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What The V Curve Reveal About Stalled Growth In Businesses
Growth stall research conducted by Matthew S. Olson, Derek van Bever, and Seth Verry over 500 companies and two decade worth of data has revealed important patterns in growth and stall of firms.
In this article, I will highlight 4 such factors that I have incorporated into a model called V curve of growth stall.
FIRSTLY, WHAT IS UNEXPECTED IS SUDDEN BUT NOT UNEXPECTED
“How did you go bankrupt? "Two ways. Gradually, then suddenly.” - Ernest Hemmingway
These lines from Ernest Hemingway’s novel The Sun Also Rises, reveal a lot about the human experience when it comes to success and failure. There’s pain and shock when the world collapses beneath our feet. Then we realise that this outcome was quite predictable.
Once we analyze what led us to this point, we can usually see where we went wrong. The conflicting intentions, the minor procrastinations, the blind spots we overlooked … Like the customer complaints, salespeople requests, and breakdown of our strategy, it does not matter if your business was growing every year and everything was fine yesterday. What matters is, how well it is doing today.
SECONDLY, MAJOR REASONS FOR DOWNFALL ARE WITHIN MANAGEMENT’S CONTROL
Success breeds its own destruction, and some of it is because of how the strategy is formulated, and some of it is explained through the hubris of success that results in blind spots on part of the management.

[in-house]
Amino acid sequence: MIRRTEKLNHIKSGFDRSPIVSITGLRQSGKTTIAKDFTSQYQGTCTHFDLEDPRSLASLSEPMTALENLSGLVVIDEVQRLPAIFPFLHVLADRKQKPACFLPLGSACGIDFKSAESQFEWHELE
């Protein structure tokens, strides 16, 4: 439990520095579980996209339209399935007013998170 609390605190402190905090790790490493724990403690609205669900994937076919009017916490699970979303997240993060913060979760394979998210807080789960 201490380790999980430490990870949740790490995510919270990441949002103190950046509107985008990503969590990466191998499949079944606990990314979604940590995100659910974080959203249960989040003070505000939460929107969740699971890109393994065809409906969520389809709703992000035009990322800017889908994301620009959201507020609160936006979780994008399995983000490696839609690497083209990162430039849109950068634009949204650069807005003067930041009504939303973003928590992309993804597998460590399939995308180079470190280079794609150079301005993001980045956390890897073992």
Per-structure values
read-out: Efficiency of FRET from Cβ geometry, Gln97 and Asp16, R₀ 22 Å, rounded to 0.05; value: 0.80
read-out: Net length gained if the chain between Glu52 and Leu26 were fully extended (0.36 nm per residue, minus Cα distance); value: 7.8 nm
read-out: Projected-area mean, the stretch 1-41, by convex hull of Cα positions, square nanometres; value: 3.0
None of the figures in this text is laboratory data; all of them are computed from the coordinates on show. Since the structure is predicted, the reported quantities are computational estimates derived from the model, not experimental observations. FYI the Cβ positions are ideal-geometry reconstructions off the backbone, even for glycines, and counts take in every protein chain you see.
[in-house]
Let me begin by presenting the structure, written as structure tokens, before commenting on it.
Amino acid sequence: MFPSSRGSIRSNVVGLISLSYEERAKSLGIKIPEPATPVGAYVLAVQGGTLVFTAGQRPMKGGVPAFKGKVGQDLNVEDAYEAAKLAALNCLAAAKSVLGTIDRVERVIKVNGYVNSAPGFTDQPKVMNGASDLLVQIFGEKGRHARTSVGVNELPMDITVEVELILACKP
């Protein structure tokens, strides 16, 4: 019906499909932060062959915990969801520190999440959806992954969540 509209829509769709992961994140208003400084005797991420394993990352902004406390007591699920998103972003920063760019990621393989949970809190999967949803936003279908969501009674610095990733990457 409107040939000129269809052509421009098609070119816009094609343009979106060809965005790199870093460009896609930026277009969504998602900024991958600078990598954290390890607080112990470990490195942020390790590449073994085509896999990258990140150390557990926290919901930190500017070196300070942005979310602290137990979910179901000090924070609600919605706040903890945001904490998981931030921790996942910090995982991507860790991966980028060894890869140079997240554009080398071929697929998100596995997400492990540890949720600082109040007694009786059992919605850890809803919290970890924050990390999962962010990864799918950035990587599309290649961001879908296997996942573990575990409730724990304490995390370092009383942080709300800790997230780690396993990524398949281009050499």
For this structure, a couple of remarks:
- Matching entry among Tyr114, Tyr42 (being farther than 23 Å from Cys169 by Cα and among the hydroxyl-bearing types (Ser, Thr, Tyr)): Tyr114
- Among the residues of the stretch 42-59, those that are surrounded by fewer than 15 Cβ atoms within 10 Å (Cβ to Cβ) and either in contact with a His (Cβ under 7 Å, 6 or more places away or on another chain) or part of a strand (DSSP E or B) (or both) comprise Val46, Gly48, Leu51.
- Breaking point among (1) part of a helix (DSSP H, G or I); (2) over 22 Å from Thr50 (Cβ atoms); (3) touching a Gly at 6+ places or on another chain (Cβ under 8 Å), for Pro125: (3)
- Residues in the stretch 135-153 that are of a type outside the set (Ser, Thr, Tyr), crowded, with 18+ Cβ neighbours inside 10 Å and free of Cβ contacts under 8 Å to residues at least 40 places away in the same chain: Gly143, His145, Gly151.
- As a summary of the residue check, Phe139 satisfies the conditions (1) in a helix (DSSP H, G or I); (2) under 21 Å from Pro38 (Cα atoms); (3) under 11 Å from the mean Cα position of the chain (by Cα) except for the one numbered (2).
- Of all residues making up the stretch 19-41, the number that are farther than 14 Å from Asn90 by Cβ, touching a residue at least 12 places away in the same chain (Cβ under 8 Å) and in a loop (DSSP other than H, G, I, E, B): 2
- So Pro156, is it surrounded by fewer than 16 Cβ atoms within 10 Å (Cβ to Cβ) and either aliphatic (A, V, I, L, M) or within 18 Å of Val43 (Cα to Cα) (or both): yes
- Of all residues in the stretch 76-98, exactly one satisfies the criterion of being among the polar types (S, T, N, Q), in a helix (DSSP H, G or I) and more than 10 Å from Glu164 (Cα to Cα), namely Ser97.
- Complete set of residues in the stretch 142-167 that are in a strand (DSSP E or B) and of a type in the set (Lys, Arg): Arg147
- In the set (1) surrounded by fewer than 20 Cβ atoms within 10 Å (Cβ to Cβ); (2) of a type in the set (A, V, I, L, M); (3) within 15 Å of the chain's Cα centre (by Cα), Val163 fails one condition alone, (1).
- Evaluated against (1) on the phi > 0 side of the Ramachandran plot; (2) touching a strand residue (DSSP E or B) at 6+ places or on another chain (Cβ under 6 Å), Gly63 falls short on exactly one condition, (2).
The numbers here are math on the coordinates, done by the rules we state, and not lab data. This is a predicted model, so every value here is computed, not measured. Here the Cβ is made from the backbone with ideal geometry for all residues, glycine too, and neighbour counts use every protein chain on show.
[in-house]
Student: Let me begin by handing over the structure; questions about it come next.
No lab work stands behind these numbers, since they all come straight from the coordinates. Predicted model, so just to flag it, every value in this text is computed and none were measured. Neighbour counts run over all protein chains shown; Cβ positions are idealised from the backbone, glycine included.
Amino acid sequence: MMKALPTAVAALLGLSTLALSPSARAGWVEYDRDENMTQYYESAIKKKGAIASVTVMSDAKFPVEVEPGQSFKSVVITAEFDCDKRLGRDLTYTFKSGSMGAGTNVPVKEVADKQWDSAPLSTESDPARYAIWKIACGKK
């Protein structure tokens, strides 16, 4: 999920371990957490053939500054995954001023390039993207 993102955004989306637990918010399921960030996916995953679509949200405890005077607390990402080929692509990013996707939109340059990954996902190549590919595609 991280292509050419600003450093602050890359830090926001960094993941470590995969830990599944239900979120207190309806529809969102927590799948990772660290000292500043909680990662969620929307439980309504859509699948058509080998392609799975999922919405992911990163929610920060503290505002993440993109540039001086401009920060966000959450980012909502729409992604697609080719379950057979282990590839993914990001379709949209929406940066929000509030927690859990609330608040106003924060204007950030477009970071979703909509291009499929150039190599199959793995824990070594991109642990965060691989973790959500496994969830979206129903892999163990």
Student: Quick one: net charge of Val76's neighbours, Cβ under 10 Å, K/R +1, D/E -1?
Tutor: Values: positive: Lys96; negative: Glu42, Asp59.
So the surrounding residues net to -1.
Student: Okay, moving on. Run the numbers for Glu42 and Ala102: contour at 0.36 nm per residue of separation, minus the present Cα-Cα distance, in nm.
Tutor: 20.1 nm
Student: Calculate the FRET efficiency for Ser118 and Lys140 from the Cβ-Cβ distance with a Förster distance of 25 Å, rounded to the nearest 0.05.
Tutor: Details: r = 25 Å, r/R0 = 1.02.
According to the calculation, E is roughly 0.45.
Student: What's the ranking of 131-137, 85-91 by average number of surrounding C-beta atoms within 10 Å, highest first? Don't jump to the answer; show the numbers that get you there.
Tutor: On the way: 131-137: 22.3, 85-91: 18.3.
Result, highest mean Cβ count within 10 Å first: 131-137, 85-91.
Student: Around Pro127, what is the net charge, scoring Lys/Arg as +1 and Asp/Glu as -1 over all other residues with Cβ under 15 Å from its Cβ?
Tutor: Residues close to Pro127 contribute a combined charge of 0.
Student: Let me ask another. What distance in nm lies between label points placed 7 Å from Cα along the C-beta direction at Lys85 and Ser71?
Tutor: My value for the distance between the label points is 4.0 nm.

Strategic captivity results from the choices about the strategy that the management makes. Often the trap happens when the companies are growing and serving a few big customers. This creates opportunity costs tradeoff and a situation of a dilemma for organizations, where on one end they can not give up on growth and on the other hand they keep increasing their risk exposure.
BLINDSPOTS: The second is a blind spot that emerges due to success. And they result in ignoring changes in the external environment on the self-confirming biases that everything is fine since we are growing. The irony is that just before the decline the companies tend to grow the most, this is also confirmed by the research that Mathew, Derek, and Seth conducted.
MISJUDGEMENT: While on one end
THIRDLY, THE FALL IS OFTEN ON THE BACKS OF INFLECTION POINTS
Companies, where growth is stalled, have often missed an important strategic point where something major has happened in the technology, customer, regulations, or economic conditions. It is usually because companies are often cornered by the above reasons. But missing an inflection point changes the whole equation of price-value. The changed assumptions result in a strategic breakdown.
FOURTHLY, THE EXTERNAL CHANGES MULTIPLE STACKS OF SLIPPING VARIABLES
The turnaround in growth-stalled companies is very hard to implement since the external environment changes result in changes in many variables including:
The stacking of multiple of these variables changes the price-value dynamics in the new environment. And this position serious readjustment in the strategy, often resulting in transformation programs to overhaul the decline.
It is possible to protect your organization from getting on the V curve, and it is best described in Jeff Bezos's quote to his shareholders:
“Staying in Day 1 requires you to experiment patiently, accept failures, plant seeds, protect saplings, and double down when you see customer delight”.
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